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What Goes Into Making a Video Game Soundtrack? An Interview With Wizard of Legend Composer Dale North

Aside from just playing new games all day during E3 2018, I also had the opportunity to have a chat with Dale North, who most recently composed the soundtrack for Wizard of Legend. Music is one of the most niche areas to get into when discussing video games, and while most might dismiss it as ambient or background noise, there’s no denying that games just wouldn’t be complete without an accompanying soundtrack. This article largely focuses on the music of the recently released Wizard of Legend, developed by Contingent99, but also delves a little into the creative process of composing for video games in general.

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As is the case with all soundtracks, the first thing you have to decide on is usually the direction you want it to go in, or the overall tone. Perhaps the most striking thing about Wizard of Legend’s soundtrack was the fact that it was mostly made up of synthesized samples and orchestral backing. It’s not uncommon to look at indie games with pixel art styles and immediately assume that the soundtrack will go down the retro path of adopting chiptunes and 8-bit music as well. Wizard of Legend defies this expectation by going for a more unique and distinct style that sets it apart from other titles in the genre.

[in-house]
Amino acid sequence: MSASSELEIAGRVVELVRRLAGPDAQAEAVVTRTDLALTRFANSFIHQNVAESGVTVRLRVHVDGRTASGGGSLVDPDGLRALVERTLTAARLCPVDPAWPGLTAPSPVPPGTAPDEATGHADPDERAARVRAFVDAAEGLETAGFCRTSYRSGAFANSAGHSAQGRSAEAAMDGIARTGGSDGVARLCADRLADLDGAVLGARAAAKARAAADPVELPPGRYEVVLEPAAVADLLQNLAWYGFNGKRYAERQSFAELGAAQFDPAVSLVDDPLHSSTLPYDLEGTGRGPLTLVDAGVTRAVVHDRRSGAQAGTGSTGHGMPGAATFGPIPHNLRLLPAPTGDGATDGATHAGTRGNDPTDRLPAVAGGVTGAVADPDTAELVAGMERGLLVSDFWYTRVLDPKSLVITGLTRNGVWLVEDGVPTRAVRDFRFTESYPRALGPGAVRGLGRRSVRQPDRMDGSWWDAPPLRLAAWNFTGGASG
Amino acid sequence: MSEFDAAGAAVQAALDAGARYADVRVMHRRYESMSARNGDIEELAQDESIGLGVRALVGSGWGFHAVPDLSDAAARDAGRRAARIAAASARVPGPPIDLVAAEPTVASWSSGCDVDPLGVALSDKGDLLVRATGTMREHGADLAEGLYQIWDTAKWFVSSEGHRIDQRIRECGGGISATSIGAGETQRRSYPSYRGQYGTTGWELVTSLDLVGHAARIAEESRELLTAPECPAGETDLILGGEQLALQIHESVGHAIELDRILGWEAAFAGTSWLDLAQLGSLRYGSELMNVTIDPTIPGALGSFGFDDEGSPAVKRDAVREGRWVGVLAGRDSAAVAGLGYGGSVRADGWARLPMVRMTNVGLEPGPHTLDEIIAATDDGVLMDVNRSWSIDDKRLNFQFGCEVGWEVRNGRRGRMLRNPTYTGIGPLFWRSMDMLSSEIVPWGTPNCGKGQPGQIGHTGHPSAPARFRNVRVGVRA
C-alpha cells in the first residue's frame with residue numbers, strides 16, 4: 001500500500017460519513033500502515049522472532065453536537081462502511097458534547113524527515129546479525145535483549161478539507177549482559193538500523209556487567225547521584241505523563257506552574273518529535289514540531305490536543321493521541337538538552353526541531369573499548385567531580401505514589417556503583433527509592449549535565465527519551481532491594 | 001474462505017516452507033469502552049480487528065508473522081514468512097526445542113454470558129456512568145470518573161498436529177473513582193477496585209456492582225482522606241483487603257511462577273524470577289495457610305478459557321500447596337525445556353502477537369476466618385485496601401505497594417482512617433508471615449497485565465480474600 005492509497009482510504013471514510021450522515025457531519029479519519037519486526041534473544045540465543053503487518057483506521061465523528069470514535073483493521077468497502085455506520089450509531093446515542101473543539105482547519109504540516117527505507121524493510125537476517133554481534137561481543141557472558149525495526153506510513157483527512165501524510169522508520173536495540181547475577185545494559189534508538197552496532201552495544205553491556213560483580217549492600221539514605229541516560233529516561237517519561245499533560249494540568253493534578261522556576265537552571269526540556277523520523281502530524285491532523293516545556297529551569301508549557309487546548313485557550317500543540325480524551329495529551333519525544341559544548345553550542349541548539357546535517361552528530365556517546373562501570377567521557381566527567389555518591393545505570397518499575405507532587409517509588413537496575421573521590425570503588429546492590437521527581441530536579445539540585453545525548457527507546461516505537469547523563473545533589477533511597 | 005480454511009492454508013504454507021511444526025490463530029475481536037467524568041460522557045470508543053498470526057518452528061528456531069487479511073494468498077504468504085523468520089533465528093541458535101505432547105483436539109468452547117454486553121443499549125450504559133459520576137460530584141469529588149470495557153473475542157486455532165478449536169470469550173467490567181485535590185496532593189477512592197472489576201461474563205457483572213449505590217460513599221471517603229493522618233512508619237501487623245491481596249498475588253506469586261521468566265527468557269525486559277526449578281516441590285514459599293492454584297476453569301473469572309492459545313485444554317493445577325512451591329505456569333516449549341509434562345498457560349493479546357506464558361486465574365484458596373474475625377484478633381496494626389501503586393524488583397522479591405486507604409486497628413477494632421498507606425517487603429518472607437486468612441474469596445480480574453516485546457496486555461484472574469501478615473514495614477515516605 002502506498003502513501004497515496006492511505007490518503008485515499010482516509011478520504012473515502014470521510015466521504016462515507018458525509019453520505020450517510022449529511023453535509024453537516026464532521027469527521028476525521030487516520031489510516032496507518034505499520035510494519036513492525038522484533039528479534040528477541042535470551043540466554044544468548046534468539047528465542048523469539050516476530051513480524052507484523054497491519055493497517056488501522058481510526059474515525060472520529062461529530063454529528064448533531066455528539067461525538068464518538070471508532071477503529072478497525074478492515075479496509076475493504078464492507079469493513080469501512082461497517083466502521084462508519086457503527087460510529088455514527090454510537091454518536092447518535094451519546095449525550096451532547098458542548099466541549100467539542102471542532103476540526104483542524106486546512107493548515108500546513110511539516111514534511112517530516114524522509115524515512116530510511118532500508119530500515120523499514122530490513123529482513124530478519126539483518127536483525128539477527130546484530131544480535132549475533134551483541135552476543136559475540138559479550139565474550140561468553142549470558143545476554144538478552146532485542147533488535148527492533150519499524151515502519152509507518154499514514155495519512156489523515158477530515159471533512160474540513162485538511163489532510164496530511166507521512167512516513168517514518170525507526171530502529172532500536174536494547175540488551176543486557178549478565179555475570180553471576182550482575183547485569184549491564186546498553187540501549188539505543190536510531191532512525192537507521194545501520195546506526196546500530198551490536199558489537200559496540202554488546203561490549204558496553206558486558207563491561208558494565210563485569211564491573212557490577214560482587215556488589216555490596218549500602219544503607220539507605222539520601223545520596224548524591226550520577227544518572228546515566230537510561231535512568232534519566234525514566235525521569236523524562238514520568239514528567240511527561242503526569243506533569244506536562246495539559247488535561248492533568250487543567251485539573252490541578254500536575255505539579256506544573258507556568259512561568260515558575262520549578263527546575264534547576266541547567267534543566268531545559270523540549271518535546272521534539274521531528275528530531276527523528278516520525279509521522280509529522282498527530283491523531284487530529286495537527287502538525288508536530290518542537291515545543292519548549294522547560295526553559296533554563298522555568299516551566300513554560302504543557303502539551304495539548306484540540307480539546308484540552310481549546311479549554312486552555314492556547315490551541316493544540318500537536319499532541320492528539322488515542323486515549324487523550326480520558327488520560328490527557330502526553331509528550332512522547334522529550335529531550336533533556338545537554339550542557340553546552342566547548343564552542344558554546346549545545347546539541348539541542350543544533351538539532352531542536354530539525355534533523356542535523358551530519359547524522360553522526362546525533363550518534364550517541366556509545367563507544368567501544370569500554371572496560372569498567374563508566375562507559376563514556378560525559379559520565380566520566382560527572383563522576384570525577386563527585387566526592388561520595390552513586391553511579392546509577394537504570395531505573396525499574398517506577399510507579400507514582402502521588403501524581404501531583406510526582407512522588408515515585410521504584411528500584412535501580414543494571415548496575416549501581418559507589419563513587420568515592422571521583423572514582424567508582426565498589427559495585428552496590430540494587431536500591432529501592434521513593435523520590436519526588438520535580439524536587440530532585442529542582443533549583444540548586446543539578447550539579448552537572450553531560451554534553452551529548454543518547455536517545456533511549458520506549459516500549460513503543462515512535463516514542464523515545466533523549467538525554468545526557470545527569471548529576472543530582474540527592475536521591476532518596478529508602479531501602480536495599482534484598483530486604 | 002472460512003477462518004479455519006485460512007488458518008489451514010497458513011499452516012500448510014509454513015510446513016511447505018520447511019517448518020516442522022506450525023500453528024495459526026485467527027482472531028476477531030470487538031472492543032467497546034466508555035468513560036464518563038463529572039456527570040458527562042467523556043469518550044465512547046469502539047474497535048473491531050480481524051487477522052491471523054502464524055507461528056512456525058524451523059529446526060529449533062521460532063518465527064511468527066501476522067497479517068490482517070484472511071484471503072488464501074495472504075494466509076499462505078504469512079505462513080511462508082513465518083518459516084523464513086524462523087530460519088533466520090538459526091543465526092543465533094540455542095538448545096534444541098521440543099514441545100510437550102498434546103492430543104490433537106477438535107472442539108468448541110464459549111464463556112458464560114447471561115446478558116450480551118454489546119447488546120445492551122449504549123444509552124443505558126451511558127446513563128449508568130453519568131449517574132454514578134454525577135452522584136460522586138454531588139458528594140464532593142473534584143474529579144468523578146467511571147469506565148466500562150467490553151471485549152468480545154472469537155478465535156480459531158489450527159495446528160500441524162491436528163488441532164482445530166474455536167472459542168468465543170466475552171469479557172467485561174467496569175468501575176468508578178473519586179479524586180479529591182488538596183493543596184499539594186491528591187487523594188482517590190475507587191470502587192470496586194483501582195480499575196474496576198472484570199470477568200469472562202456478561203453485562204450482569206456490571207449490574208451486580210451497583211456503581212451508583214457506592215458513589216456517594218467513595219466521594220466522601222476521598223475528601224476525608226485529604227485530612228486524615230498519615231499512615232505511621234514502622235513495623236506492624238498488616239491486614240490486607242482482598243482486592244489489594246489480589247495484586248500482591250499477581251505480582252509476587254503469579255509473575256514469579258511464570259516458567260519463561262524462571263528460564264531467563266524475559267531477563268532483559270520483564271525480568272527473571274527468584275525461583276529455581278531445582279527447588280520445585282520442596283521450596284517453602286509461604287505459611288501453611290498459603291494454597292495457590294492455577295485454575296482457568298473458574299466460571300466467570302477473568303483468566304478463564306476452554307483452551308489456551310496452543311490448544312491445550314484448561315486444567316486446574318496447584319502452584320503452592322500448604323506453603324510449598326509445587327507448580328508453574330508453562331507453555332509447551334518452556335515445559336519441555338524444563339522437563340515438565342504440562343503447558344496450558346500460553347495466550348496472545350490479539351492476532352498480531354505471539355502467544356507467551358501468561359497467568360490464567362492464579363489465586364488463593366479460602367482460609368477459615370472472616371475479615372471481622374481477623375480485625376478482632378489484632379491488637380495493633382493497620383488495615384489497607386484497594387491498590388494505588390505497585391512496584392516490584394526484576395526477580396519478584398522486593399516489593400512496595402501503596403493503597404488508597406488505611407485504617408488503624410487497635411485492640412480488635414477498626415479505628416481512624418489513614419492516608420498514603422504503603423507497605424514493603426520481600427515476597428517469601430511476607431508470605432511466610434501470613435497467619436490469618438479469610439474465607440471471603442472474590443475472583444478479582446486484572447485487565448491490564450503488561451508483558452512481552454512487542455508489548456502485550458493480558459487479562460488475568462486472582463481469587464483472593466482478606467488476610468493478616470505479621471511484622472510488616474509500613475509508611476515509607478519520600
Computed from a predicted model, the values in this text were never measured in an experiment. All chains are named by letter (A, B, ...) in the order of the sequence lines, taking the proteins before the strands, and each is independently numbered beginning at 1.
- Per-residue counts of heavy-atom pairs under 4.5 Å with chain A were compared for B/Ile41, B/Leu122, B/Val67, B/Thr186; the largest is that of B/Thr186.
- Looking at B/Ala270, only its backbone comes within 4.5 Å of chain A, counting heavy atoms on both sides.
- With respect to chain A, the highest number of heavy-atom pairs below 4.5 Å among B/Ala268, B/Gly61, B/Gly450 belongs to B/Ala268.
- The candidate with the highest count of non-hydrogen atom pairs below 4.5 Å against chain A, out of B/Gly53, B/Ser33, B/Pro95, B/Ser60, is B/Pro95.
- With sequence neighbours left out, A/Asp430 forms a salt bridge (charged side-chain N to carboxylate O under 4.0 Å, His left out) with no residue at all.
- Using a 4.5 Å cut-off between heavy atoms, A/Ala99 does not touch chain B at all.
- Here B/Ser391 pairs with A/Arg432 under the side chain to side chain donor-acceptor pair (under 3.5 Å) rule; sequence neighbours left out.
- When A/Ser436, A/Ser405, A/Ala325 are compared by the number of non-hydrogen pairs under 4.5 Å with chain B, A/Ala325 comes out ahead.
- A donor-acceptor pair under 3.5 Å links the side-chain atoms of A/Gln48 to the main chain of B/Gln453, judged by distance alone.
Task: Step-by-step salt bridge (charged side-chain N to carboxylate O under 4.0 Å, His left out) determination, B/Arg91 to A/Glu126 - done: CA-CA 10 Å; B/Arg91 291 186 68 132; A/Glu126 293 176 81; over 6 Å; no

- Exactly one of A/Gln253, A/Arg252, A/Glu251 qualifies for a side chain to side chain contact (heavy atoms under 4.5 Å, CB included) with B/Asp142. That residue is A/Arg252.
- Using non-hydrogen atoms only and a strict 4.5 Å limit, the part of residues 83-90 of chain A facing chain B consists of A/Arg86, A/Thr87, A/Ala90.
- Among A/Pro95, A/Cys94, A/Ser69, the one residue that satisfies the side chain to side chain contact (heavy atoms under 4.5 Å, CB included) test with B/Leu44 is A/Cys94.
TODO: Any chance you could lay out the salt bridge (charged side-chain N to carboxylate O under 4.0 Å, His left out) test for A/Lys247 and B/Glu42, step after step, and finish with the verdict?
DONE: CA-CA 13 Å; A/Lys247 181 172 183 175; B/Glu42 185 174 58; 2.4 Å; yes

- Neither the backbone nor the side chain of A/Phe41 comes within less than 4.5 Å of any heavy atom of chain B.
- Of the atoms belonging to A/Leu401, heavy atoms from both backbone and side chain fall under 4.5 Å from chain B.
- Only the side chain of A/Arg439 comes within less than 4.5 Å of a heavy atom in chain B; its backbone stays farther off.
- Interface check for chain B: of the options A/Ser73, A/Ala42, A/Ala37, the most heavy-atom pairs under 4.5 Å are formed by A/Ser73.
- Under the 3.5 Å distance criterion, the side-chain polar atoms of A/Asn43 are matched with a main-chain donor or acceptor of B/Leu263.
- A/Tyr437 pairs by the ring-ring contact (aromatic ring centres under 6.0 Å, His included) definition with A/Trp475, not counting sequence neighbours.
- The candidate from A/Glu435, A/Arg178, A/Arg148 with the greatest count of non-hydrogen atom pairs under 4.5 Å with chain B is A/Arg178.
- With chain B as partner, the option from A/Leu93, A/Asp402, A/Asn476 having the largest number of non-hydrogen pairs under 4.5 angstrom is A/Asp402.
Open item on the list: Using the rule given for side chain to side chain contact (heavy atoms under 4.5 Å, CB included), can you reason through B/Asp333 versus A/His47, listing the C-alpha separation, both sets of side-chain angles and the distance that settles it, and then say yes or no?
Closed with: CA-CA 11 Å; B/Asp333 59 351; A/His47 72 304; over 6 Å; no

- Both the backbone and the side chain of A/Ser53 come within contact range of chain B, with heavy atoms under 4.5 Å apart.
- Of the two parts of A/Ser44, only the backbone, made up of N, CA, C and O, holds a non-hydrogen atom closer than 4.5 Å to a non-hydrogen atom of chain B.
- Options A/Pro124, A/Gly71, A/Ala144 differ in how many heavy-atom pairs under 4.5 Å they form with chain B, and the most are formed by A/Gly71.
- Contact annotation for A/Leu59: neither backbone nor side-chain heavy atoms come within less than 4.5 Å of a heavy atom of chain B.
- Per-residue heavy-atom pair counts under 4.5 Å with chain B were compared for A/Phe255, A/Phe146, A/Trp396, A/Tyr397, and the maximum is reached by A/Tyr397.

When asked about the initial stages of the creative process in composing the soundtrack, North mentioned that he tries to stay away from looking at similar works or drawing inspiration from other soundtracks. He concedes that he does look to some of his older works, but for the most part, it’s all about trying something new and doing something that’s rarely seen in games like this one. “I try to think about what would be different, what would be new. I wanted it to sound different from anything I’d ever done before,” North said.